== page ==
BigGameGuy
TWRA Biologist
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Never under estimate the power of the nose.

I don't think they are going to an "area", they are more than likely going to a "girl friend".


Edited by BigGameGuy (07/04/07 08:28 AM)
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#288070 - 07/04/07 08:30 AM Re: Measures of QDM "success" [Re: 156p&y]
Wes Parrish
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 Originally Posted By: 156p&y
I've seen older bucks trotting almost franticly in a dead straight line to areas they bed, right at and right after daylight. It was like they where vampires that had to get in their coffin before the sun was completely up. And when I say straight line I'm talking, not on a trail and just lowering their heads to go through thick brush.
I have experienced this many times, and one of my best bucks (and oldest) bucks ever was taken back in 1984 during the 1st 5 minutes of legal shooting time, as he was running to his bedding area. He was making so much noise, I'm sure he was over a half mile away when I first heard him coming, allowing me plenty of time to be ready, if only there would enough light when he passed.
 Originally Posted By: BSK
Most of these beeline travels are at night.

Most of these "beeline" travels I have heard, not seen. These older bucks almost seem to try to make extra noise --- sometimes sounding more like a horse galloping thru the woods than a deer. Most of these I've experienced when I got on stand about an hour before first light, and most of the time, I would hear these beeline travels begin and end well before first light.

I should add that I've experience much less of this over the past several years in the same hunting areas where it was once almost an every morning (pre-light) experience. When the area was several square miles of unbroken hardwoods, I experienced this often. As the habitat has changed into mixed hardwoods, dense young pine, and thick young clear-cuts, I believe these bucks are doing less of this. While I couldn't hear one as well going thru pine, they might make more noise in some of the thick cover. My theory is it became harder to travel in a beeline once the habitat when from many square miles of fairly open hardwoods to mixed habitat.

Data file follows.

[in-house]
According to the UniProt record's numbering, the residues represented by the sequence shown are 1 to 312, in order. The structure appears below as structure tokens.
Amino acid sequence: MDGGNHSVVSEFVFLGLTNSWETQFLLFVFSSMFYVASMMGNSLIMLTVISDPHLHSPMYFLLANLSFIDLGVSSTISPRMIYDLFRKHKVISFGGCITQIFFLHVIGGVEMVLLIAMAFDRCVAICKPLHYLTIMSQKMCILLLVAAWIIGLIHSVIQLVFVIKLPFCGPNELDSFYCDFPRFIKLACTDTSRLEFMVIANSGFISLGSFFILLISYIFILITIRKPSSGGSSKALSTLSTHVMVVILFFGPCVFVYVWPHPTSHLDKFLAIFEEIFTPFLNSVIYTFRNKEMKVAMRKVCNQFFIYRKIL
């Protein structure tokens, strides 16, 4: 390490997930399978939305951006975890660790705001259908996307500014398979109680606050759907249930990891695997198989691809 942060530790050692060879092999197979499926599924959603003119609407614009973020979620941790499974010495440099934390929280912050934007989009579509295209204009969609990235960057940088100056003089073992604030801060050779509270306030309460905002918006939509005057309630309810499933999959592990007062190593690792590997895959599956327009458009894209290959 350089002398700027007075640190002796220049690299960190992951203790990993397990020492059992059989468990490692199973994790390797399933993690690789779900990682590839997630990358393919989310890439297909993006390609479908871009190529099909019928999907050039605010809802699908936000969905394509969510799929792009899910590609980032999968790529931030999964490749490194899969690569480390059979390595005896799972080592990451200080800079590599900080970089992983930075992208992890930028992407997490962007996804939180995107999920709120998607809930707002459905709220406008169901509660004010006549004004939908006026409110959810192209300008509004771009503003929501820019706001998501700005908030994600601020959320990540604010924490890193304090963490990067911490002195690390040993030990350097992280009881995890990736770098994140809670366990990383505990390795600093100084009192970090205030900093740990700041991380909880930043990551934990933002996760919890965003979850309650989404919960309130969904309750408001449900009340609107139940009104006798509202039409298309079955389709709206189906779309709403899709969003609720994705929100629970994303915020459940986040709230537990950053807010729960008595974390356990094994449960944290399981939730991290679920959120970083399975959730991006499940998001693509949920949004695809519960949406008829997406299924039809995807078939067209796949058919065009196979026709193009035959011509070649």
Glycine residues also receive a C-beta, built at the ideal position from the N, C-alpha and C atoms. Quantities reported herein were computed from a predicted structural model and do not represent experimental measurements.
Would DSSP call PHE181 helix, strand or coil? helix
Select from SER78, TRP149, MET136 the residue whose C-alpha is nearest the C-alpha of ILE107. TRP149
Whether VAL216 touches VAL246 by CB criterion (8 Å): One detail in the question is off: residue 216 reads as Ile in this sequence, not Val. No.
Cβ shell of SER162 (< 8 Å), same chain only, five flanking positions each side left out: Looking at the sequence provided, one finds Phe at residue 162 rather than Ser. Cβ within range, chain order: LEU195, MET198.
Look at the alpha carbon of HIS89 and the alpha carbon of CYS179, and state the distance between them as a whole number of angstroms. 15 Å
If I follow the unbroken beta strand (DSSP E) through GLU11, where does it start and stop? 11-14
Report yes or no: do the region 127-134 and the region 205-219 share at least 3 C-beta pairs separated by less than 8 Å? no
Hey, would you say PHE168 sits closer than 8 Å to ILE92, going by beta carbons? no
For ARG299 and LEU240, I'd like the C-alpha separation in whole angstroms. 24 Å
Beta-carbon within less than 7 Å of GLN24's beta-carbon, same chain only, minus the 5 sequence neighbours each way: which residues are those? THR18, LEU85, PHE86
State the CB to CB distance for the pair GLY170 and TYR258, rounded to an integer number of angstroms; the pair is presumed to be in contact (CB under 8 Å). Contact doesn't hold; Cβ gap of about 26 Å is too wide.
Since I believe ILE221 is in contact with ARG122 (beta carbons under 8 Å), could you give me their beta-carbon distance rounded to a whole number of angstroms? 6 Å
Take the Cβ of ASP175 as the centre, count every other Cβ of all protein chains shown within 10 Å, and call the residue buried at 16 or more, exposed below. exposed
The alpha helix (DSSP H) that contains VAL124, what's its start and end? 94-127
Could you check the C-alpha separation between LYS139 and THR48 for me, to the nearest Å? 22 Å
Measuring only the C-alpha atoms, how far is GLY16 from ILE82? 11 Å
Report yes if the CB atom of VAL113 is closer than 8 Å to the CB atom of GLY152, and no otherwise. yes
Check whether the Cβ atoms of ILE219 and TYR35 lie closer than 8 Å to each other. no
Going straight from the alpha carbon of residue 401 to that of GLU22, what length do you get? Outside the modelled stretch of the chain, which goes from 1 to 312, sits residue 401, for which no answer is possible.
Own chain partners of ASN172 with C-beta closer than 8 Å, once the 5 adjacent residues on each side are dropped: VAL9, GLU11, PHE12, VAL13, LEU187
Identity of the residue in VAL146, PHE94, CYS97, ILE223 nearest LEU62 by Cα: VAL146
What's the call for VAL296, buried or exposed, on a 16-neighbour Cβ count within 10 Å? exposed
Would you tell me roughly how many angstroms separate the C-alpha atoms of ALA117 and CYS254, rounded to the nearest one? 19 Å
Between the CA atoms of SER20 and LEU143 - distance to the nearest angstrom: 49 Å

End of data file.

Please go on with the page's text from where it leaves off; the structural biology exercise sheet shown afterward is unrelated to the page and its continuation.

Originally Posted By: BigGameGuy
Never under estimate the power of the nose.

I don't think they are going to an "area", they are more than likely going to a "girl friend".

I'm sure that is sometimes the case, but that did not appear to be the case in my experiences described above. I often hunted saddles on high ridges where I could actually hear a running deer over a mile below as it came up the ridge, crossed, and then might go another half-mile when everything just suddenly stopped ---- like he had reached his bedding place for the day, barely before daylight ---- sometimes right after.

It's the timing of these jaunts that makes me believe they were not smelling a doe, as well as the great distances they typically traveled, galloping more like a horse than a deer. And it was nearly always just one deer --- the relatively few times I've been able to see --- nearly always an older buck.

The hunting implications were that I was tipped off to many older buck bedding areas by hearing where they stopped, then hunting closer, and closer to those areas in subsequent hunts, sometimes eventually killing another mature buck as a result.

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#288071 - 07/04/07 08:30 AM Re: Measures of QDM "success" [Re: BigGameGuy]
BSK
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 Originally Posted By: BigGameGuy
Never under estimate the power of the nose.

I don't think they are going to an "area", they are more than likely going to a "girl friend".


I agree. From Mark's data, the bucks were obviously chasing a doe once they got to where they were going. But man, that's a long way for scent to travel.

I guess some does are just really stinky. \:\)

Actually, I dated a girl like that once... ;\)
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#288165 - 07/04/07 09:22 AM Re: Measures of QDM "success" [Re: BSK]
Mike Belt
TnDeer Old Timer
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How far did you have to travel?

Right now I have a lab in heat. My male lab, usually very controllable, has gone nuts. Mature bucks that are never seen or even known to have existed finally break their "code of invisibility", even if only briefly, after getting a whiff of an estrous doe. I fully buy into the fact that bucks will travel long distances in search of those does and I can see why 2.5 year old bucks would make these 2+ mile forays searching as well as avoiding the older, more dominant bucks in those areas. The part that befuddles me is why they would return to their starting points so soon. If the lure of sex is strong enough to pull them out of their seclusion in the first place but they return within a 24 hour period (provided they didn't couple up with a doe) is it because of fatique, the security that that immediate "home" range offers, or have they mastubated temporarily gratifying themselves to the point of a temporarily subdued sex drive?